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Colorado Court of Appeals Issues New Precedent Regarding State’s Interest on Damages Statute for Personal Injury Cases

Prejudgment Interest Applies From the Date of Claim Accrual to the Date of Final Judgment, and Most Appeals Do Not Reset the Clock

On November 19, 2020, a three-judge Colorado Court of Appeals, Division I panel, unanimously affirmed a $3.6 million interest award on top of a $2.9 million verdict against Ford Motor Co. in a case involving an allegedly defective driver’s seat. The Court awarded interest at a rate of 9% for 10 years, despite a lengthy appellate process and Ford’s successful appeal for retrial.

The case arose from a 2009 motor vehicle accident, when Plaintiff Forrest Walker’s 1998 Ford Explorer was rear-ended by another motorist, causing Walker to suffer traumatic brain and neck injuries. Walker settled his negligence claim against the motorist who rear-ended him and proceeded to trial against Ford on product liability claims.

In April 2013, a jury awarded Walker approximately $2.9 million in damages. Ford appealed, seeking a new trial. In 2015, the Colorado Court of Appeals granted Ford’s request for a new trial and, in 2017, the Colorado Supreme Court affirmed. However, the 2019 retrial produced a nearly identical result, with the jury again awarding Walker approximately $2.9 million. Thereafter, the trial court awarded Walker prejudgment interest at a rate of 9% for 10 years (from the date of the accident to the date of the 2019 jury verdict) pursuant to Colorado’s interest on damages statute for personal injury cases, Co. Rev. Stat. § 13-21-101(1).

On appeal, Ford conceded that it owed interest on the judgment, but argued that postjudgment interest should apply from the date of the first appeal, which would have yielded a significantly lower interest award. Ford supported its argument by “relying on the last sentence of section of 13-21-101(1), which states, verbatim: “if a judgment for money in an action brought to recover damages for personal injuries is appealed by the judgment debtor, postjudgment interest must be calculated on the sum . . . from the date of judgment through the date of satisfying the judgment and must include compounding of interest annually.”

The appellate court observed that the district court’s order had not considered this last sentence, and instead relied on an earlier part of the statute in making its ruling. Nevertheless, reading the statute as a whole, including subsections 2(a) and 2(b), the appellate court rejected Ford’s argument and found that the correct interpretation of the statute is for prejudgment interest to apply from the date of accrual to the date of final judgment.

Rejecting Ford’s argument that “every appeal triggered a switch from prejudgment to postjudgment interest,” the appellate court held that a switch to the lower postjudgment interest rate is only triggered in two instances: when a money judgment is “[i] modified on appeal or [ii] reversed with a direction that a judgment for money be entered in the trial court.” Because Ford’s original appeal did not fall into either category — and instead constituted an outright reversal of the judgment — nothing remained for postjudgment interest to accrue on while the retrial was pending. Rather, “the effect of that reversal was to put the parties in the same posture they were in before the original judgment was entered in 2013.” According to the Colorado Appellate Court, “for the purposes of [the statute] that [posture] was ‘pre-judgment.’”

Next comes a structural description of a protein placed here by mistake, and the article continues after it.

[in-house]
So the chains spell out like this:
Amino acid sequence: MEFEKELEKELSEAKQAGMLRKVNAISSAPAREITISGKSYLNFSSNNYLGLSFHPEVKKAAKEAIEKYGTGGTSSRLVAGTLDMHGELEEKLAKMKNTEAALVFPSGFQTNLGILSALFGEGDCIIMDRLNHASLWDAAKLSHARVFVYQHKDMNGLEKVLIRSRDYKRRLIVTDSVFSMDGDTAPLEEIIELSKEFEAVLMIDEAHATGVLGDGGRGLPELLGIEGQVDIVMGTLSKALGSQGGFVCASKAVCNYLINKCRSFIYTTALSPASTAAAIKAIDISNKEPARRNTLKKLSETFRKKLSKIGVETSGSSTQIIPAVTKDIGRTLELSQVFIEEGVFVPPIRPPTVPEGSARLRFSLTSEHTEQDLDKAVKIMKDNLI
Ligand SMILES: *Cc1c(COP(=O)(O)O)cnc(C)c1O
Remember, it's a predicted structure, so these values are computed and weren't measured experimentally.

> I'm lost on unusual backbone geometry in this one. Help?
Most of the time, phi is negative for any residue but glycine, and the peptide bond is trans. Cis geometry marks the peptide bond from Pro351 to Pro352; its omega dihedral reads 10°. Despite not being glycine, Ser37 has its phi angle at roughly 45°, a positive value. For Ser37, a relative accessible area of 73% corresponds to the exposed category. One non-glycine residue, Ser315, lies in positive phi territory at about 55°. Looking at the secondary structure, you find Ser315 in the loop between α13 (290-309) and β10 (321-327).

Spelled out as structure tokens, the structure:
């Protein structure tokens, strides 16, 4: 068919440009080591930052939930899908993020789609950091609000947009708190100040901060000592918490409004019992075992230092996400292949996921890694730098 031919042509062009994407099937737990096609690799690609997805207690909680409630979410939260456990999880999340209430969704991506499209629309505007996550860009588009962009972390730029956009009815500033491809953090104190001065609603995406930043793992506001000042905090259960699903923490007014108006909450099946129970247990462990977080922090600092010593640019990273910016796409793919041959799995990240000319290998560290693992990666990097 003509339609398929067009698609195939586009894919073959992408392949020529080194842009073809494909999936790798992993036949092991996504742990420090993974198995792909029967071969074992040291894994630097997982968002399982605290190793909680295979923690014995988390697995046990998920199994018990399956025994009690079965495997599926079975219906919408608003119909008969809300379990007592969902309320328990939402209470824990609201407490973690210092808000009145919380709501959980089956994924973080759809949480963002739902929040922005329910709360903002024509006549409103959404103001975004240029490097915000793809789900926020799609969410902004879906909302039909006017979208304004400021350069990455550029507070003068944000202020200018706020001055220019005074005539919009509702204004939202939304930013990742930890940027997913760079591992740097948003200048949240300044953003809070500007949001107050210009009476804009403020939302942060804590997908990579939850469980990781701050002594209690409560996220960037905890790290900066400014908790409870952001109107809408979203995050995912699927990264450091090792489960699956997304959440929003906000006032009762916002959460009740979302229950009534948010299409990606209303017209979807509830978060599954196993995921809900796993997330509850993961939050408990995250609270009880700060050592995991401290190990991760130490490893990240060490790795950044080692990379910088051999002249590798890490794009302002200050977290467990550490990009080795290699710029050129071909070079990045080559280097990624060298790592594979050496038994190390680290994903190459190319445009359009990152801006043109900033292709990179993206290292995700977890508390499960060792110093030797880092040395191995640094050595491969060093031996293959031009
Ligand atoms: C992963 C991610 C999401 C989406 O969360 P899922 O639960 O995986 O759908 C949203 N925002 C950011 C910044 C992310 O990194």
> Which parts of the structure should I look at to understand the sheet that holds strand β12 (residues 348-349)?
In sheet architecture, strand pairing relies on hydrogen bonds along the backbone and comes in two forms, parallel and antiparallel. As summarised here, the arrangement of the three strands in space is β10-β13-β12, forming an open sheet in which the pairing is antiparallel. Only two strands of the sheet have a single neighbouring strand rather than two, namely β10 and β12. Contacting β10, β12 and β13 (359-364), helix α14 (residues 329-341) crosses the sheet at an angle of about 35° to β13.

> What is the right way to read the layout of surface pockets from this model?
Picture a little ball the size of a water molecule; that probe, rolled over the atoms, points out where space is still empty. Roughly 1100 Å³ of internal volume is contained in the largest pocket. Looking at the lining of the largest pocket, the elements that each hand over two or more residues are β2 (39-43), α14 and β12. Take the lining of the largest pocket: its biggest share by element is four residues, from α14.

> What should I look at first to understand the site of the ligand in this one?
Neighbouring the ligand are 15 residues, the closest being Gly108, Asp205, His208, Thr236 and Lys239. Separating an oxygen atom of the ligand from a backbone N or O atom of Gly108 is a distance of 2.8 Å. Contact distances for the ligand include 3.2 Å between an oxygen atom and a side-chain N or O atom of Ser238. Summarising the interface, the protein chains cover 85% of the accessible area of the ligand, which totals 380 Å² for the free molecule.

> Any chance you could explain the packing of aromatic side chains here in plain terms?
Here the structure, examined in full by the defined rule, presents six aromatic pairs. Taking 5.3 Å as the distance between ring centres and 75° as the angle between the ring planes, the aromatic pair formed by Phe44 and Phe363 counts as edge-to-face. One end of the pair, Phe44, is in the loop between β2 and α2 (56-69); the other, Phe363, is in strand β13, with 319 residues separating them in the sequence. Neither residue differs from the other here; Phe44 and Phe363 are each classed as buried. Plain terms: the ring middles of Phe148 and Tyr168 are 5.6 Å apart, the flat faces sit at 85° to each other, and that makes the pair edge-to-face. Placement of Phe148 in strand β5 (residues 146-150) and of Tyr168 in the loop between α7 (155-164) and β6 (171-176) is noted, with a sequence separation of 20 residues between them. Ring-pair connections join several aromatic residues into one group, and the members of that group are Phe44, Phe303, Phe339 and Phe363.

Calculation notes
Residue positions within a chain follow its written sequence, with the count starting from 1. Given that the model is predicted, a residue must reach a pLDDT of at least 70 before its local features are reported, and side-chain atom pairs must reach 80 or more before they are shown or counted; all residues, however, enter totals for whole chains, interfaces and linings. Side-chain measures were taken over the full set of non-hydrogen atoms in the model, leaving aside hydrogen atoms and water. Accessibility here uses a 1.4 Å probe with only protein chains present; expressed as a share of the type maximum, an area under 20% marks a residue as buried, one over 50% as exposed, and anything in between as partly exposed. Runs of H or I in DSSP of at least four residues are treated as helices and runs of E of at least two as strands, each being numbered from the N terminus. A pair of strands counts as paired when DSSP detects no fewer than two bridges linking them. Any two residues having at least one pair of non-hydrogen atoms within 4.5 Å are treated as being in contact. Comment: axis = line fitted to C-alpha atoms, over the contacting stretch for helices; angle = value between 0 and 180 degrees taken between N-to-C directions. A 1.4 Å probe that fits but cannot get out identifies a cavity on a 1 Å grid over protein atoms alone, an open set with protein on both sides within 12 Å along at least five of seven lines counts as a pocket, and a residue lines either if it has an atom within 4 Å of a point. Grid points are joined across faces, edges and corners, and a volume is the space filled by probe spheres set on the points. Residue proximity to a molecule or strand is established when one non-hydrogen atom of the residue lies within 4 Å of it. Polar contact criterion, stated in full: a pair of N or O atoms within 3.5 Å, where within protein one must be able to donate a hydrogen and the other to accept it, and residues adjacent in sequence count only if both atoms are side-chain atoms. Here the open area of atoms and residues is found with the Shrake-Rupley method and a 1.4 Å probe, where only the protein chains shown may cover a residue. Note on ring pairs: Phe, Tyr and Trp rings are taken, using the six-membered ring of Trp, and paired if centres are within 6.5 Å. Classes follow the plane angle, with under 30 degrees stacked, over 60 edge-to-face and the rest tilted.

Suggesting that litigants must weigh the inherent risks of trial, the appellate court further found that “because interest can only accrue if there is a judgment, the interest that did accrue up until the point that the supreme court issued its opinion reversing the outcome of the first trial vanished along with the judgment.” At that point, “Ford and Walker were . . . free to proceed in any way they saw fit, including by settling the case.”

Notably, the appellate court left open the question of whether including an appeal on the monetary award triggers the use of postjudgment interest for the judgement debtor. In any case, Colorado’s recent ruling on the judgment interest statute may be a harbinger of change for Colorado defendants considering how to proceed following an adverse verdict. Judgment debtors must weigh the potentially significant financial risks posed by prejudgment interest accrual, especially during lengthy appellate proceedings.

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© 2020 Faegre Drinker Biddle & Reath LLP. All Rights Reserved.National Law Review, Volume X, Number 329
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About this Author

Mary E. Hershewe Product Liability Litigation Attorney Faegre Drinker Biddle & Reath Denver, CO
Associate

Mary Hershewe solves clients’ product liability litigation challenges.

Prior to joining the firm, Mary was an associate at Armstrong Teasdale, where she managed all aspects of cases and client files. She also prepared for trials and arbitrations, and she oversaw all aspects of discovery.

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303-607-3783
Elizabeth C. Christen, Product liability lawyer, Drinker Biddle
Associate

Elizabeth Christen focuses her practice on product liability, mass tort, commercial and professional negligence matters, concentrating on the defense of pharmaceutical, medical device and other highly regulated companies in state and federal courts. She has significant experience advising clients through all phases of litigation, including trials, depositions, mediations, settlements, motion practice and appeals.

Prior to joining the firm, Elizabeth worked for an Illinois defense firm representing insurance companies, medical institutions, and health and legal...

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